Do you remember your first dairy? Perhaps it was pink with flowers and given to you as a little girl to record your hopes and dreams. Or maybe you were a teenager and your best friend gifted it to you for secrets too private for even her to hear. Or it could have been your first love who presented you with a beautiful leather-bound journal to write your private thoughts.
The cover hardly matters; instead what matters are all those pages filled with dreams and desires, personal experiences and private thoughts and most importantly, the emotions felt, remembered, written.
There was a time when recording one’s thoughts and feelings was considered the occupation of would be writers and teenage girls. But the diary’s limited purpose of being useful for only Jane Austen’s private musings and pubescent angst was broadened when Oprah announced it was good for the soul. Soon men and women alike regardless of occupation or age found bound pages and a pen and set out to put psychologists out of business.
Turns out, recording one’s thoughts and feelings is cathartic, gives clarity and perspective, reduces stress, and helps individuals to understand and know themselves better. However, these benefits are only realized if this method works for you.
I still remember my small brown pocket diary in which after a year I had only made two entries. My progress in filling more pages was stunted because I was and continue to feel cautious about recording my thoughts and feelings, fearing they may be read.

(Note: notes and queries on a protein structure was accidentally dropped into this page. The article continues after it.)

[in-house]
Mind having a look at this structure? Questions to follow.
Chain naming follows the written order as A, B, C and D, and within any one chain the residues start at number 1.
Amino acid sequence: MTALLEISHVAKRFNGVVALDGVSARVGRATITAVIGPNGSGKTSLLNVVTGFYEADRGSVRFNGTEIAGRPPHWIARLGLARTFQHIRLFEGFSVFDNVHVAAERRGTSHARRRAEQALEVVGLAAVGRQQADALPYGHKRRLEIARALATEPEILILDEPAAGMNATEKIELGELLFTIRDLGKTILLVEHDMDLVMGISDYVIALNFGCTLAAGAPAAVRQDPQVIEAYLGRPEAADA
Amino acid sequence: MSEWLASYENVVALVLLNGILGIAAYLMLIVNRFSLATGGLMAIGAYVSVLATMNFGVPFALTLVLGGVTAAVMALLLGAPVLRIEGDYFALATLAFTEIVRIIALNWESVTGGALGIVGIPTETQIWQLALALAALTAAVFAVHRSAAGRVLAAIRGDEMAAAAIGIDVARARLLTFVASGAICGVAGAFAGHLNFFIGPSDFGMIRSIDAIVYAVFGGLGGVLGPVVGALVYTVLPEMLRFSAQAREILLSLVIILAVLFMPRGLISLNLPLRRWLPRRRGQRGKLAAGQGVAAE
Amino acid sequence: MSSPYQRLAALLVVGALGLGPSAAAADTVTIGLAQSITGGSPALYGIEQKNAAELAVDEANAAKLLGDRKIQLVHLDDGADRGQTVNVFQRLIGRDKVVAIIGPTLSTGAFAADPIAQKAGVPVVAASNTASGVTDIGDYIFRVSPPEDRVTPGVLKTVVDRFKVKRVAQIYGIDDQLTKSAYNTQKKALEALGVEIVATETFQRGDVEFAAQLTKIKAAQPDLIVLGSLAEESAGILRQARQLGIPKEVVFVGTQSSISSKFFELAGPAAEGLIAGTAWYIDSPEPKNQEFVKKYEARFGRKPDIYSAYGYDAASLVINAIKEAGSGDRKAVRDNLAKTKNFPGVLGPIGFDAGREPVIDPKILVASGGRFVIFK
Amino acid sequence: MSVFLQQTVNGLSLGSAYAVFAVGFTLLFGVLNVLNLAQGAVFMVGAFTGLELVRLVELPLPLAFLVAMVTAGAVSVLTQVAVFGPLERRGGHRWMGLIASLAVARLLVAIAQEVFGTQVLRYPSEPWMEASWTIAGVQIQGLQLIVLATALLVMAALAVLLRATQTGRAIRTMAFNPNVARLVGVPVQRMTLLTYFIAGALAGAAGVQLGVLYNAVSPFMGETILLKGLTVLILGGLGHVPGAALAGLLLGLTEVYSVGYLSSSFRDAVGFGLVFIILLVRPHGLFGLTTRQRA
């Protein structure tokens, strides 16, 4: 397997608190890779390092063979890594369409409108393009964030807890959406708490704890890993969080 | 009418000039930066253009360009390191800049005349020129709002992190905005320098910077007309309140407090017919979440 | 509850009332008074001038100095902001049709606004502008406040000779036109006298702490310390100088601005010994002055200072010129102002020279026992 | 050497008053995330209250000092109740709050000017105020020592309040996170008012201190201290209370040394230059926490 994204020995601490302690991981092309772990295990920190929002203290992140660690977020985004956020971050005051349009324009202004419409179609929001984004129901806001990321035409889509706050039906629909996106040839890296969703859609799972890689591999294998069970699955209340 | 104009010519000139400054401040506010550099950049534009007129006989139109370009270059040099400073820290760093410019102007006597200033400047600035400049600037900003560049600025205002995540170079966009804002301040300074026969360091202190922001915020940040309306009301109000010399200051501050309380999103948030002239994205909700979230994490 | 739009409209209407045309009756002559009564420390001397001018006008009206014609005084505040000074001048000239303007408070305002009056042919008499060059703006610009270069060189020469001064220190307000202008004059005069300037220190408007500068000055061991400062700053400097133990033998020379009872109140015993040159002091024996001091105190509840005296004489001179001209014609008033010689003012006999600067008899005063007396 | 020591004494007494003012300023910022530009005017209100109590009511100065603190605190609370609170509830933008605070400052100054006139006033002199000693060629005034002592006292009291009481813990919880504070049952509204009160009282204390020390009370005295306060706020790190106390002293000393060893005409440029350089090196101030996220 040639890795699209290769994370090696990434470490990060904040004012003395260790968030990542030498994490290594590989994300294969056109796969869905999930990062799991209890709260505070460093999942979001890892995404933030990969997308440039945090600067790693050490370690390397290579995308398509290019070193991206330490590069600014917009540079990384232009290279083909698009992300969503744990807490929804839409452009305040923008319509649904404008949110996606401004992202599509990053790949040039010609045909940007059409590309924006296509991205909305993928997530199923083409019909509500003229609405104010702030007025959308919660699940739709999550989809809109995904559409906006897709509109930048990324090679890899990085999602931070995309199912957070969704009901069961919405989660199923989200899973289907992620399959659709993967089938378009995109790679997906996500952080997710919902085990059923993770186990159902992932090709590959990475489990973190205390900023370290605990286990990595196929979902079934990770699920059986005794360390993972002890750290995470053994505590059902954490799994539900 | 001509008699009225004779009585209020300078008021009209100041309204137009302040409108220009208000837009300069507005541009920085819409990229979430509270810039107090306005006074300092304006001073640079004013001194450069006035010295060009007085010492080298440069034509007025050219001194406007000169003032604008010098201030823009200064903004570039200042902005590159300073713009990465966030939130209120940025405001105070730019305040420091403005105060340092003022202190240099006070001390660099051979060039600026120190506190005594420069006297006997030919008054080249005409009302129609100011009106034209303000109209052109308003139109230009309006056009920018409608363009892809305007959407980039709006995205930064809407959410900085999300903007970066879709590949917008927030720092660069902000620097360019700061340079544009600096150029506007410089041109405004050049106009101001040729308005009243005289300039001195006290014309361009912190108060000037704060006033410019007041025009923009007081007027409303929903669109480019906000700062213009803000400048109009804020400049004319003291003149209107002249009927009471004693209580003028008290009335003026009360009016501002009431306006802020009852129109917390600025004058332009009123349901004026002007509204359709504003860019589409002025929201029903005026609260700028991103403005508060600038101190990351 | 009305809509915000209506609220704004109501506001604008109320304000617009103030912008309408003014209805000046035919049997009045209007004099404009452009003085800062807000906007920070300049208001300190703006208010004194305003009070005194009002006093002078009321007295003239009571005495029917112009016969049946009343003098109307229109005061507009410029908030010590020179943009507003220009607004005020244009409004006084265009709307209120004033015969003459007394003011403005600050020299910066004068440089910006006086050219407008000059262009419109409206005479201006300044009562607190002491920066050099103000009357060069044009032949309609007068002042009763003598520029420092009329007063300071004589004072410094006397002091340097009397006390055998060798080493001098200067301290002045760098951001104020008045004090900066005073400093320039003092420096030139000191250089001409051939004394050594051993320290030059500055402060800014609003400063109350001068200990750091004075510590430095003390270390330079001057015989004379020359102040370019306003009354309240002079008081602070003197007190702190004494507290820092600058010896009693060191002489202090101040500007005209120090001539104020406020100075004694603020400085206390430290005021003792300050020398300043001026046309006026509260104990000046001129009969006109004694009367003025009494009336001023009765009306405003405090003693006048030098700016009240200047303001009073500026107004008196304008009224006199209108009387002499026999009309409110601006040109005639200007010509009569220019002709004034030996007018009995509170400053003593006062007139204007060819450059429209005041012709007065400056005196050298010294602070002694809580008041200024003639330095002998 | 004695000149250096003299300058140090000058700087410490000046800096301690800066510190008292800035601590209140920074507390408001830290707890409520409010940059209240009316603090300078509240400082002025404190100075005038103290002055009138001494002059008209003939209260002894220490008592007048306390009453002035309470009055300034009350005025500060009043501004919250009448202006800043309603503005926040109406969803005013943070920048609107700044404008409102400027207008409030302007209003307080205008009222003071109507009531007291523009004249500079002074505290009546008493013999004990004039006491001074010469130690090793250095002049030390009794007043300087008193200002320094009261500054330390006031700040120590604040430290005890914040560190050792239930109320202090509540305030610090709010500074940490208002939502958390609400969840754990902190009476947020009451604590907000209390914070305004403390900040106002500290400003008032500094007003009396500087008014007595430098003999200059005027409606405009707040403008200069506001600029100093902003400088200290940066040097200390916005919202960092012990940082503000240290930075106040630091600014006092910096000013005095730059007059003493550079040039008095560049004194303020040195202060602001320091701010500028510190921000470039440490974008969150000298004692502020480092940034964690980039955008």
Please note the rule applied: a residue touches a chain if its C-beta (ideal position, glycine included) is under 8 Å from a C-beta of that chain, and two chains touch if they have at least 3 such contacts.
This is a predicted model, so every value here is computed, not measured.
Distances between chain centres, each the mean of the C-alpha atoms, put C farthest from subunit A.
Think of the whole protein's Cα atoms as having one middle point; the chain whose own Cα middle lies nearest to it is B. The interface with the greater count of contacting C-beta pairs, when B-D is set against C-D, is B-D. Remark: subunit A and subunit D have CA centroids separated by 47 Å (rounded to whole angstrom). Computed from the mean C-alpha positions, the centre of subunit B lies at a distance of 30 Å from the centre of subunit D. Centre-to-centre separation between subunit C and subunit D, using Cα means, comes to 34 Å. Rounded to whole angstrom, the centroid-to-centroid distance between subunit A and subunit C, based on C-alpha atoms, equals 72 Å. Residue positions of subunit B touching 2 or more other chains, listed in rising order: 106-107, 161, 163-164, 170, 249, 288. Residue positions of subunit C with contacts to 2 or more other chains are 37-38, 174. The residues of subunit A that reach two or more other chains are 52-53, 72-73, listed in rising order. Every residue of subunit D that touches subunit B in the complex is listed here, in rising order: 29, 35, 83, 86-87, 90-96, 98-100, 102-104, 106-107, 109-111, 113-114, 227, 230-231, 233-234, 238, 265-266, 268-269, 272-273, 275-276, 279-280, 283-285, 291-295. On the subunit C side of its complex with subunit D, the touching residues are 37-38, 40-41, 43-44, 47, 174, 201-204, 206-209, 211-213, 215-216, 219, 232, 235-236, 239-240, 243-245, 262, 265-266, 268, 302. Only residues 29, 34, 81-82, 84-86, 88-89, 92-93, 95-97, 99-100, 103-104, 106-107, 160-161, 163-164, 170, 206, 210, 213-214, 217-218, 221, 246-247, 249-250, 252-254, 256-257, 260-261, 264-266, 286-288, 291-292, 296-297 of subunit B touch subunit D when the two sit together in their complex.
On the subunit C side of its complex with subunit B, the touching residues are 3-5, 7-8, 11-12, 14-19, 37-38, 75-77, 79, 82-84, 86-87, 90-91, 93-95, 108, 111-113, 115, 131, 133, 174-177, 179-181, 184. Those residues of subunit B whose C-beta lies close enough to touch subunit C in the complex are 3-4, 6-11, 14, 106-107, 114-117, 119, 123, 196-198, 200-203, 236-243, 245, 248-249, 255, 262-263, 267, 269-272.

Call it arrogance for believing that my private writings could cause interest or gain attention or call it paranoia that I think anyone would want to read it. But still I worry about discovery so I keep my thoughts and feelings secreted inside me not my diary.
But today’s generation is different. Their diaries and journals are social media outlets. They text, tweet and post every thought, experience and feeling with little regard to who reads what. Who hasn’t winced or even gasped at someone’s indiscretion in a Facebook post? Admitting affairs, confessing transgressions, divulging details best left out causes me to wonder what is this generation’s definition of privacy? Because I don’t believe that revealing personal accounts of one’s life to several hundred people constitutes privacy.
Social media has provided a platform for reconnecting with friends and networking but it seems to have also set the stage for a whole generation’s propensity for narcissism and over-sharing at best and at worst a forum for individuals to injudiciously announce every thought and feeling.
So the question is how does this free and reckless expression affect this generation? Depending on the magnitude of what is admitted, it can cost them jobs, damage relationships and ruin reputations.
I caution this generation to understand the permanence of their words, which unlike torn paper remains even after hitting the delete button. They need to understand that they don’t have to share every feeling or have every thought confirmed with a like button. And they should know that there is beauty and intimacy in the privacy of thought.
So post that adorable picture of your dog and announce your graduation date but if you need to express your darkest of feelings or deepest thoughts—grab a pen and a piece of paper and write, “Dear Diary” or as your generation might write, “Dear D”.
Causes Sherry Parnell Supports
St. Jude Children's Research Hospital, Habitat for Humanity, Heifer International